Satellite Communications/Satellite Modulation


Thomas E Burke, PhD, PMP wrote at 2014-05-08 16:18:01

In response to your specific question, the reason that the uplinks and downlinks would be transmitted with different polarizations (V and H or RHCP and LHCP) is to minimize interference between the two.

Generally, satellite uplinks and downlinks are allocated different frequencies. For example, US military UHF systems have downlinks around 250 MHz and uplinks around 400 MHz. Using this approach obviates the need for separate polarizations.

Because satellite communication bands are finite, we increasingly see the use of more complex modulation schemes to enable transmission of more information in the allocated frequencies. The simplest is BPSK (binary phase-shift keyed) that can transmit two bits per unit of bandwidth. Next is QPSK (quaternary phase shift keyed) that transmits four bit of information per unit of bandwidth.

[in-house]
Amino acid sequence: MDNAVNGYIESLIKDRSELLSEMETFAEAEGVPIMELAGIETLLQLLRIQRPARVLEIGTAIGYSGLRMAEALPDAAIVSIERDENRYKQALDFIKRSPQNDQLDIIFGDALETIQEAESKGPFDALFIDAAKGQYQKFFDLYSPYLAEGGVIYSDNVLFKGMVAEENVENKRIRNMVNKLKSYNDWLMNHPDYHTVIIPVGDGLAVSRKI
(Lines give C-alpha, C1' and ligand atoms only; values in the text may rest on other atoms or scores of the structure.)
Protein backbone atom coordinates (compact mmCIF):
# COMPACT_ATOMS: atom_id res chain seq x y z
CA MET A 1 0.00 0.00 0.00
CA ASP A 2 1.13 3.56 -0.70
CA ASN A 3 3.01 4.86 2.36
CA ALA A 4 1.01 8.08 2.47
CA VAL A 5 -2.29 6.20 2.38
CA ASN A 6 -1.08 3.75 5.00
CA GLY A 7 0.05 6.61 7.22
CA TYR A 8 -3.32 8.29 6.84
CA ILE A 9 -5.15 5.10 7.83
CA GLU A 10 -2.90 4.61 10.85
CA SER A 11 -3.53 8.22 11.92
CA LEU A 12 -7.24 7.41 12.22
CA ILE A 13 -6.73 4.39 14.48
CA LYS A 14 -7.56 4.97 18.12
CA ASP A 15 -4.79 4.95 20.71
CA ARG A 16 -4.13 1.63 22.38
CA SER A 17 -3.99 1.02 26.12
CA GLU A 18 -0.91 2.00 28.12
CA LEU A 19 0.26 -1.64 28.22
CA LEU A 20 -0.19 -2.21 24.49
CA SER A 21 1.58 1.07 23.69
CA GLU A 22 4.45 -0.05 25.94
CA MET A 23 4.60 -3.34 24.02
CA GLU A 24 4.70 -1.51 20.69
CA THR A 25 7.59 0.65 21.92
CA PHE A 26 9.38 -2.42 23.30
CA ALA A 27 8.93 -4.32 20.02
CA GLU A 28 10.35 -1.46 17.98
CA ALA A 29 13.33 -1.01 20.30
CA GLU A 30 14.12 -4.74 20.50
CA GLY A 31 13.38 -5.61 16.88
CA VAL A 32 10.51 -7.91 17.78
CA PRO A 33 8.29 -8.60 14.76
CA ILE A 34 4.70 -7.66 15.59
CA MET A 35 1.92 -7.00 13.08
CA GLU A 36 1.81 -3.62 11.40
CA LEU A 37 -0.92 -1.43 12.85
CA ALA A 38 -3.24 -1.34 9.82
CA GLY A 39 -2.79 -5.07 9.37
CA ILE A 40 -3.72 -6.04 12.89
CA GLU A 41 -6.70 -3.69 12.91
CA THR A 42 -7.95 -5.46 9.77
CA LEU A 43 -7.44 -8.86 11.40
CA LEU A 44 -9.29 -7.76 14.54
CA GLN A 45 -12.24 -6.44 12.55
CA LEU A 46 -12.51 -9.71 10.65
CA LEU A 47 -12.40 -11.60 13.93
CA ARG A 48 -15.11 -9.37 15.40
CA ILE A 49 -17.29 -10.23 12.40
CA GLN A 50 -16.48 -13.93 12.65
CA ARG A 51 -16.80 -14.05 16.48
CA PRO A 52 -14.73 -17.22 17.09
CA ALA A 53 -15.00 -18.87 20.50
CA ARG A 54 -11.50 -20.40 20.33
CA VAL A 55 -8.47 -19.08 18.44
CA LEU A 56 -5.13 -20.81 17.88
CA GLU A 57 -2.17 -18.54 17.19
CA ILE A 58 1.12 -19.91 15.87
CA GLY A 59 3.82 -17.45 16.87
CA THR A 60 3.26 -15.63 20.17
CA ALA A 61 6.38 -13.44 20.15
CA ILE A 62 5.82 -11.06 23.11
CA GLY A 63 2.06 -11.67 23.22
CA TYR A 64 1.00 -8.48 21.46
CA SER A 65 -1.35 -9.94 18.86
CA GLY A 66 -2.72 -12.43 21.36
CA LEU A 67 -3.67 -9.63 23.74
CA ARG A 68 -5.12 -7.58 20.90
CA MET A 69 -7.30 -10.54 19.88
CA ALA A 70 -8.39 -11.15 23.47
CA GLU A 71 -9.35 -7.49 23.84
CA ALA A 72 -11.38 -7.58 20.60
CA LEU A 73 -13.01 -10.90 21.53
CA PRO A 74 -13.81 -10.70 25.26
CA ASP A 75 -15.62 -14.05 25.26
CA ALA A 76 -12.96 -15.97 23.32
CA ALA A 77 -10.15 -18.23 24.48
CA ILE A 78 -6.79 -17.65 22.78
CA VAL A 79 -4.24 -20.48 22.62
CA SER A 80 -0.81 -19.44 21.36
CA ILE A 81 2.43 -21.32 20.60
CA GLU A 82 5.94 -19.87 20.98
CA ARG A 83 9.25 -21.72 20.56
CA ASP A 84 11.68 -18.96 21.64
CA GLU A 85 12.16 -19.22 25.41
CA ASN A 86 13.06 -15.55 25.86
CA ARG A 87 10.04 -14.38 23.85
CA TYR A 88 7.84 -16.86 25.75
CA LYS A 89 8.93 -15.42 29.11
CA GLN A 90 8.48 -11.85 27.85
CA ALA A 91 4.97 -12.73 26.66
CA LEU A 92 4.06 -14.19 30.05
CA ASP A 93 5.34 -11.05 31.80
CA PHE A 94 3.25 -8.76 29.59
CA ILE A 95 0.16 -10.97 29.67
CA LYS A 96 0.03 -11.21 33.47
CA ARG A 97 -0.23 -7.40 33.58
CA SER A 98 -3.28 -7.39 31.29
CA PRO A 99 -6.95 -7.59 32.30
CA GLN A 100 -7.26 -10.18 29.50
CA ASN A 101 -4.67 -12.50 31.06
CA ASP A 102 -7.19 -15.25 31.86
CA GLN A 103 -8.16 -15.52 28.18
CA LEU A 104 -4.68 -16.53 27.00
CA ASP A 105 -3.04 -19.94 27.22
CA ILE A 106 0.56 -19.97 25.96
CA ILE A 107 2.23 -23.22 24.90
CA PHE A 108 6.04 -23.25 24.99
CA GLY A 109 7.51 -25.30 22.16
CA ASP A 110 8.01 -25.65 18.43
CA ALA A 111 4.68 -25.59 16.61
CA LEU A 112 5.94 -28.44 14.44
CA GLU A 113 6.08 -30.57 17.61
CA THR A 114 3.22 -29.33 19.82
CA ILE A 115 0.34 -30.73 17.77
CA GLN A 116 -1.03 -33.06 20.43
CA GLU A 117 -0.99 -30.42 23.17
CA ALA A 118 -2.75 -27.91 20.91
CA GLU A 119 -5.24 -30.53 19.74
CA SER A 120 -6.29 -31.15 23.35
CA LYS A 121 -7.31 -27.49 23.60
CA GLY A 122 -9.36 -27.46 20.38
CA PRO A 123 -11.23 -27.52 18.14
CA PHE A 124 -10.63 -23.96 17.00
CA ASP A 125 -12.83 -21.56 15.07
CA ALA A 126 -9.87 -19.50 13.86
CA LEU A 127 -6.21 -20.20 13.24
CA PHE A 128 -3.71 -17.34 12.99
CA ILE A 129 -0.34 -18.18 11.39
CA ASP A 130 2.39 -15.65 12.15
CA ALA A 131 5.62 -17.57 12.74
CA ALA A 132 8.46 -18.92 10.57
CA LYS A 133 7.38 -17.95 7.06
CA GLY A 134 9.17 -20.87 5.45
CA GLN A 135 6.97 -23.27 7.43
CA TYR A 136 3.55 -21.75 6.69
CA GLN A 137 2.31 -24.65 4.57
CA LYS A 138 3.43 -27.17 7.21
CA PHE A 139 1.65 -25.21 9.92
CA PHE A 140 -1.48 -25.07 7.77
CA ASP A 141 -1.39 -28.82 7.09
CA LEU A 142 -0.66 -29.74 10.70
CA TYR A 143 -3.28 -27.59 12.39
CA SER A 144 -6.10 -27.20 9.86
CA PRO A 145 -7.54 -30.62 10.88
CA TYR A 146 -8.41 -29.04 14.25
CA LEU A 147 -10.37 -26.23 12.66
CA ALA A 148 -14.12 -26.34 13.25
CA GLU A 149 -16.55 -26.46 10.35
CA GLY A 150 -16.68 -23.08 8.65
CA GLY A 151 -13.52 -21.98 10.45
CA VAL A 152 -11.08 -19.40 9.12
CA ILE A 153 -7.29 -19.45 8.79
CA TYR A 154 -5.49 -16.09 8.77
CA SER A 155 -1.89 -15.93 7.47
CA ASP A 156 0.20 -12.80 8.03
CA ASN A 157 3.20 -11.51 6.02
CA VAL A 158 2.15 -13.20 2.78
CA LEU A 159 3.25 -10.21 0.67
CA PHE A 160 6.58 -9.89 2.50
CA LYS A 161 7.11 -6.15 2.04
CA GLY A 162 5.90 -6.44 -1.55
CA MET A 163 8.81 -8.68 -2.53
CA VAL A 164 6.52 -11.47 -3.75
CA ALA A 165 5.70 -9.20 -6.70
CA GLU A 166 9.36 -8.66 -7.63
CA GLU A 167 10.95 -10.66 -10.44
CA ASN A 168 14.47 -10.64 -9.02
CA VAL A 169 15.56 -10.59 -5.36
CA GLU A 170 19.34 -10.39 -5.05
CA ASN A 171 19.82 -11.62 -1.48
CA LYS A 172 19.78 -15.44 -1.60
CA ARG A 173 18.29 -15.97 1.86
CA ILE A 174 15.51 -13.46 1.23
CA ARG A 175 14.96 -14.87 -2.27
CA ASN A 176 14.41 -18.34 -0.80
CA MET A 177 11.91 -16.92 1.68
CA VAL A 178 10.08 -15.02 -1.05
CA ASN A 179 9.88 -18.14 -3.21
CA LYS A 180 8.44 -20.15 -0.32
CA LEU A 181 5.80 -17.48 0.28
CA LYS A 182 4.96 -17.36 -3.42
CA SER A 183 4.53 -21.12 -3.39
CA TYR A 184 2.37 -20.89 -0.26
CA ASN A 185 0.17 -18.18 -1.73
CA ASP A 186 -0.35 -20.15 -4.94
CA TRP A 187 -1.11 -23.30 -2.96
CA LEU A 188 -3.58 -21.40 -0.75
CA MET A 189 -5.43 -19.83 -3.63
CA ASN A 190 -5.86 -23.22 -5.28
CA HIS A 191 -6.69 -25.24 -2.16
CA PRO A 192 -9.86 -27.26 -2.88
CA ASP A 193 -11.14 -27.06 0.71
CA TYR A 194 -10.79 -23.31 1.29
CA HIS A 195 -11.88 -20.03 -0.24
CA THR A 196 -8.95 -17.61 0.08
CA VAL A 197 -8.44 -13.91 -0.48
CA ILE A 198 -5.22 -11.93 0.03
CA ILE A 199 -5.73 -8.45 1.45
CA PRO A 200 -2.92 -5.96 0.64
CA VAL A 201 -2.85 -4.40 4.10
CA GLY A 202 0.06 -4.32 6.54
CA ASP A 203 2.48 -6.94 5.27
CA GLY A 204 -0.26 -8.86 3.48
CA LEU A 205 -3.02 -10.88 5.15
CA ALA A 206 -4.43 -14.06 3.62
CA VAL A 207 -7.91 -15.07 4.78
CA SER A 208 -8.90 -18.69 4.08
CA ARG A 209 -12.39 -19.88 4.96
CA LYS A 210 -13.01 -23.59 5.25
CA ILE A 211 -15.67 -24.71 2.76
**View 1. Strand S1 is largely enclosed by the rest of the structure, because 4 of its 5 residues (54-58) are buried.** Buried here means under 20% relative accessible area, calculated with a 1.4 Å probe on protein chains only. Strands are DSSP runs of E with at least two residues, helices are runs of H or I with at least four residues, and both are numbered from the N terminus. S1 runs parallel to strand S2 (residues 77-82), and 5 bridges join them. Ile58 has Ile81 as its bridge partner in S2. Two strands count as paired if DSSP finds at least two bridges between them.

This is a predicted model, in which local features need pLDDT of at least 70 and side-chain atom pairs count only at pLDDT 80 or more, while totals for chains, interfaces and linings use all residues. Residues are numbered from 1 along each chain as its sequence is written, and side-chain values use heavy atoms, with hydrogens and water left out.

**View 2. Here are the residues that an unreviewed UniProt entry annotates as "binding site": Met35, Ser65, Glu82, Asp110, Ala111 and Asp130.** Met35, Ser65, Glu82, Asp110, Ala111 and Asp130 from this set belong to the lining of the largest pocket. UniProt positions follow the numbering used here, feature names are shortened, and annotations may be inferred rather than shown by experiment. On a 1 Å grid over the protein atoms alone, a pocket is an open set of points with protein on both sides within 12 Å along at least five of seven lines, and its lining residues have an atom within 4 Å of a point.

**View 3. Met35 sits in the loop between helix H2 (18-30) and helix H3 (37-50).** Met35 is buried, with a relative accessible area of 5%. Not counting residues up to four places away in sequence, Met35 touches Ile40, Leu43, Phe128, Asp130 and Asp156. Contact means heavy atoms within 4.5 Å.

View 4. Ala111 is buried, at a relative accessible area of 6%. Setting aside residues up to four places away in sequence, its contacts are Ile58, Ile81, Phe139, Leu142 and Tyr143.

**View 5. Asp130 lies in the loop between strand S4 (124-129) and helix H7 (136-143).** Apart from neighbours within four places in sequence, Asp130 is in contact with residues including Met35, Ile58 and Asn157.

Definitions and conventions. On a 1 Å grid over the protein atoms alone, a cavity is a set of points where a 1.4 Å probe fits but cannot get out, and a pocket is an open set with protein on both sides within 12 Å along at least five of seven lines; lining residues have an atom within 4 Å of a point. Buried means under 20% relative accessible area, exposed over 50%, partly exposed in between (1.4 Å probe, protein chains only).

The use of cross-polarization techniques (V and H or RHCP and LHCP) in conjunction with advance modulation provides additional benefits.

Please let me know if this addresses your concern or if you need additional information.

Satellite Communications

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Dave Suffys


Questions related to design of satellite communication links.


Satellite communication, link budgets, DVB-S2, ACM


Telecommunications engineer, Sales Support Manager at Newtec

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